Gout is recognised to be one of over a hundred different types of arthritic conditions that can attack our bodies.
It is a type of arthritis that causes sudden burning pain, stiffness and swelling in a joint, often attacking the big toe.
Gout is a condition which affects more men than women.
The risk is higher if the individual is overweight, drinks alcohol, or if a high amount of fish or meats high in purines are eaten consistently.
Purines are a colorless crystalline organic based nitrogen that is the component in certain foods. These purines are then metabolised into uric acid.
The cause of gout is too much uric acid in the blood stream which then forms hard crystals inside the joints. (1)
The most common symptom of an attack is night time swelling, tenderness and redness in the joint. This is accompanied by sharp pain.
The attack can last a few days or many weeks before it resolves. Some individuals may not get another flare-up for many months or years while others remain pain-free for the rest of their lives.
The most common joint in which gout appears is in the big toe, although it can occur in the foot, ankle, knee or wrist as well.
The signs and symptoms of gout are almost always acute. This means that it develops suddenly and without any warning.
When the pain is left untreated it typically lasts for five to 10 days as the crystals dissolve from the joint area.
The pain and discomfort will gradually subside over two weeks and leave the joint apparently pain-free and normal.
During the flareup the joint will be red, swollen and very tender. Touching or moving the toe in any way will be intensely painful.
In fact, individuals who are suffering from a flare-up report that pressure as little as the bed sheet over the toe will increase the pain. (2)
Symptoms will generally develop in only one joint at a time. On rare occasions they will develop in two or three joints simultaneously,
but if there are widespread symptoms then the condition is probably not related to gout.
The symptoms of gout can be split into four different stages.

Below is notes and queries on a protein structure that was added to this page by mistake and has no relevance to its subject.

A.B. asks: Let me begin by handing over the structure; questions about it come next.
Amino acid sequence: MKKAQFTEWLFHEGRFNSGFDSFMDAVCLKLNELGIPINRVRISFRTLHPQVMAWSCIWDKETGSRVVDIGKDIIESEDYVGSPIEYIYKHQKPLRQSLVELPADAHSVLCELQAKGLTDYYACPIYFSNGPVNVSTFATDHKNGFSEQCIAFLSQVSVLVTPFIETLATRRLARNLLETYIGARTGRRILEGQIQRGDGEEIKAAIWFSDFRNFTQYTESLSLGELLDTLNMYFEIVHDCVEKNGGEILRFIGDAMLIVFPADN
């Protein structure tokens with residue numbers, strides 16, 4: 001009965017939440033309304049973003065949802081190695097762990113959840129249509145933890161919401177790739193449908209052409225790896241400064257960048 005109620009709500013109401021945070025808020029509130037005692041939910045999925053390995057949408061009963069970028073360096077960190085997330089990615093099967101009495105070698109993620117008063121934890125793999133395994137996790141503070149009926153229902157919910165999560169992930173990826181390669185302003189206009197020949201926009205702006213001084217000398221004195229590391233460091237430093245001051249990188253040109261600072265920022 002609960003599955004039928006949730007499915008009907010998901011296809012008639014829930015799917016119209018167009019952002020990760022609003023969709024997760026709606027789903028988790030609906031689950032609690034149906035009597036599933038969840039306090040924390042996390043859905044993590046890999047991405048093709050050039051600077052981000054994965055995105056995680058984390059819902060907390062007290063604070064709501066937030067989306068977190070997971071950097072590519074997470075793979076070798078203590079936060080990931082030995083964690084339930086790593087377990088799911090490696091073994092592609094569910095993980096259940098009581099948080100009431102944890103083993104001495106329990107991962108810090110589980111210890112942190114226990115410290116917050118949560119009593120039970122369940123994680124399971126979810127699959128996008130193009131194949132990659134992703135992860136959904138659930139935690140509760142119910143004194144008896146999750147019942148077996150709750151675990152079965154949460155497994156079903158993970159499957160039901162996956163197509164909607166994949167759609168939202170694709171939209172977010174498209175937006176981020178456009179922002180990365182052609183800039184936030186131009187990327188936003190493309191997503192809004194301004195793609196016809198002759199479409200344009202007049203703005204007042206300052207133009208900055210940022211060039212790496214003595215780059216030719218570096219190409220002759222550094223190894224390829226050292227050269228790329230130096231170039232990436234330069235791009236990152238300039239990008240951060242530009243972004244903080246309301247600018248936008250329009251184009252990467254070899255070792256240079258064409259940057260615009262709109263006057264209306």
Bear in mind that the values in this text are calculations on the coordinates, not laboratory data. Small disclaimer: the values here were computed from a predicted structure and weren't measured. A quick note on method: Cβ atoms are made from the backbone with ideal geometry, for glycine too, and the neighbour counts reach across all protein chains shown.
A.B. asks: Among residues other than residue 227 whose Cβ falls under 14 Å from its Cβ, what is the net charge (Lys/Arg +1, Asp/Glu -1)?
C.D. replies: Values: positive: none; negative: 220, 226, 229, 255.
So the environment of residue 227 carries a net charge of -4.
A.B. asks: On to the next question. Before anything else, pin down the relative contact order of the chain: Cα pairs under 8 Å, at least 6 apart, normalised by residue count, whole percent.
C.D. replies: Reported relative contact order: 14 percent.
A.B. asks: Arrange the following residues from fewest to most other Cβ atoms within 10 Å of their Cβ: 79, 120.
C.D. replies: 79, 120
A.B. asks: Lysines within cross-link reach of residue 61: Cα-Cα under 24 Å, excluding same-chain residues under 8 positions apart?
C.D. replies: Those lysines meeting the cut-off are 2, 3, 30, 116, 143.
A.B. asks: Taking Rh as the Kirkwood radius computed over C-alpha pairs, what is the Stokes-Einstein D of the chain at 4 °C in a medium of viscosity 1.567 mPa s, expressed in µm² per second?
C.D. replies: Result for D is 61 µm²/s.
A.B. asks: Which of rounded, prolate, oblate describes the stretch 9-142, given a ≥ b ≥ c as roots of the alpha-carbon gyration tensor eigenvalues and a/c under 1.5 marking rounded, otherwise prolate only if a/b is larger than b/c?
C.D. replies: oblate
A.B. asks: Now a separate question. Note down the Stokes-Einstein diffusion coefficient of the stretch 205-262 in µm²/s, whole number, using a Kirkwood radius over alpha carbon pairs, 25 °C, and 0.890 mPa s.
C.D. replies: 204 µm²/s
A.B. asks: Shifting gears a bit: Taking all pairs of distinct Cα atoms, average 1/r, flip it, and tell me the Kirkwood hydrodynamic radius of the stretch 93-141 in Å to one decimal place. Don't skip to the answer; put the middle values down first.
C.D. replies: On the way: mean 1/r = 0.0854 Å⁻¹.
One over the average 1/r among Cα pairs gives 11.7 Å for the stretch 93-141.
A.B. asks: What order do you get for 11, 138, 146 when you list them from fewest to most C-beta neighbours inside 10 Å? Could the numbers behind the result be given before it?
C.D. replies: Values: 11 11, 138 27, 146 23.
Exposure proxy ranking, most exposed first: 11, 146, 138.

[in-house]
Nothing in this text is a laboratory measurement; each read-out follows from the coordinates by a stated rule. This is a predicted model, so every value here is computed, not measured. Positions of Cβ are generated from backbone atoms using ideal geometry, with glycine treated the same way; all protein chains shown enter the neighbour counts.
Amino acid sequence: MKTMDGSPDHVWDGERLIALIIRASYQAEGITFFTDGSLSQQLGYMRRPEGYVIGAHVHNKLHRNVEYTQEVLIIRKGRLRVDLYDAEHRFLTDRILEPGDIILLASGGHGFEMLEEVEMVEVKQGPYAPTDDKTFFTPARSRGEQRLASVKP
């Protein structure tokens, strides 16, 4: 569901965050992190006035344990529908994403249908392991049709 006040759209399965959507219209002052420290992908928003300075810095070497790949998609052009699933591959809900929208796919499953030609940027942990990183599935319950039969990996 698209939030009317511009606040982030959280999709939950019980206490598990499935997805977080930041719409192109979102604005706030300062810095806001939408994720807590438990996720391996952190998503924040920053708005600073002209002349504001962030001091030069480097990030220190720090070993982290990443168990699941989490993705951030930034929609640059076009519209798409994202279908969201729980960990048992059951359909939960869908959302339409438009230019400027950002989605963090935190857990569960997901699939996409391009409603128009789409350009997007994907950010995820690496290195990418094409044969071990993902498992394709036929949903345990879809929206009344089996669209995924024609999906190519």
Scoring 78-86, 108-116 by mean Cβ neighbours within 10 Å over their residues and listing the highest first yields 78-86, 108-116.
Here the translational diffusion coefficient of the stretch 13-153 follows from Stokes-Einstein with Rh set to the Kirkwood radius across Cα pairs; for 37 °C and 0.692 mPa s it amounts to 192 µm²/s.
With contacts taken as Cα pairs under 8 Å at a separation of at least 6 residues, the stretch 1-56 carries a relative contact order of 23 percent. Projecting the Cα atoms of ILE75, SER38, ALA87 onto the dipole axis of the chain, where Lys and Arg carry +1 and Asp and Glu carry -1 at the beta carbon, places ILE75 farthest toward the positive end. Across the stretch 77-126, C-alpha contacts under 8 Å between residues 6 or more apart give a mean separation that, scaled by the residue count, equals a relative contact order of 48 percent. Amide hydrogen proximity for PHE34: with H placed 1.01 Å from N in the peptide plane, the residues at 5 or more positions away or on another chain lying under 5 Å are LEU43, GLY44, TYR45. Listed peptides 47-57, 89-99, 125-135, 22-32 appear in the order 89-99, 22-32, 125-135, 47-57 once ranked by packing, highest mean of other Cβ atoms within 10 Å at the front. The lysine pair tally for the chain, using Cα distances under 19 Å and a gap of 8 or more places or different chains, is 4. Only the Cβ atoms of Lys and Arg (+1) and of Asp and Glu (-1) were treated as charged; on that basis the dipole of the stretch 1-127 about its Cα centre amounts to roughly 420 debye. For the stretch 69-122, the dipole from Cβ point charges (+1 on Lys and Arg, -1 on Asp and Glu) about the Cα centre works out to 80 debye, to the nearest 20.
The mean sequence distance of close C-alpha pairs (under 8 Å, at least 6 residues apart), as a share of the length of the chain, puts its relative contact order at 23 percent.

In the asymptomatic stage the uric acid levels are rising in the blood but the individual experiences no symptoms.
It is during the acute stage of the attack that individuals experience the pain, swelling and tenderness common with gout.
The inter critical stage is the time between episodes which are symptom-free.
The majority of individuals will have a second attack from six months to two years after the primary attack.
Some will live symptom-free for up to 10 years but most will have a second attack.
During the chronic stage individuals will suffer with persistently painful joints that have a large deposits of urate crystals in the cartilage, membranes and tendons and soft tissue around the joints.
The skin over these deposits will develop sores and often release a white pus.
The joint will become stiff and the individual will only have limited motion on this affected joint.
“With early diagnosis and treatment and long-term dietary changes in lifestyle choices, many individuals will never reach the chronic stage”
The changes which are required to ensure that the chronic stage is never reached are minor compared to the poor pain control and limited motion an individual will suffer if they reach the chronic stage of gout symptoms.
(1) National Institute of Arthritis and Musculoskeletal and Skin Diseases: Questions and Answers about Gout
(2) University of Maryland Medical Center: Gout – Symptoms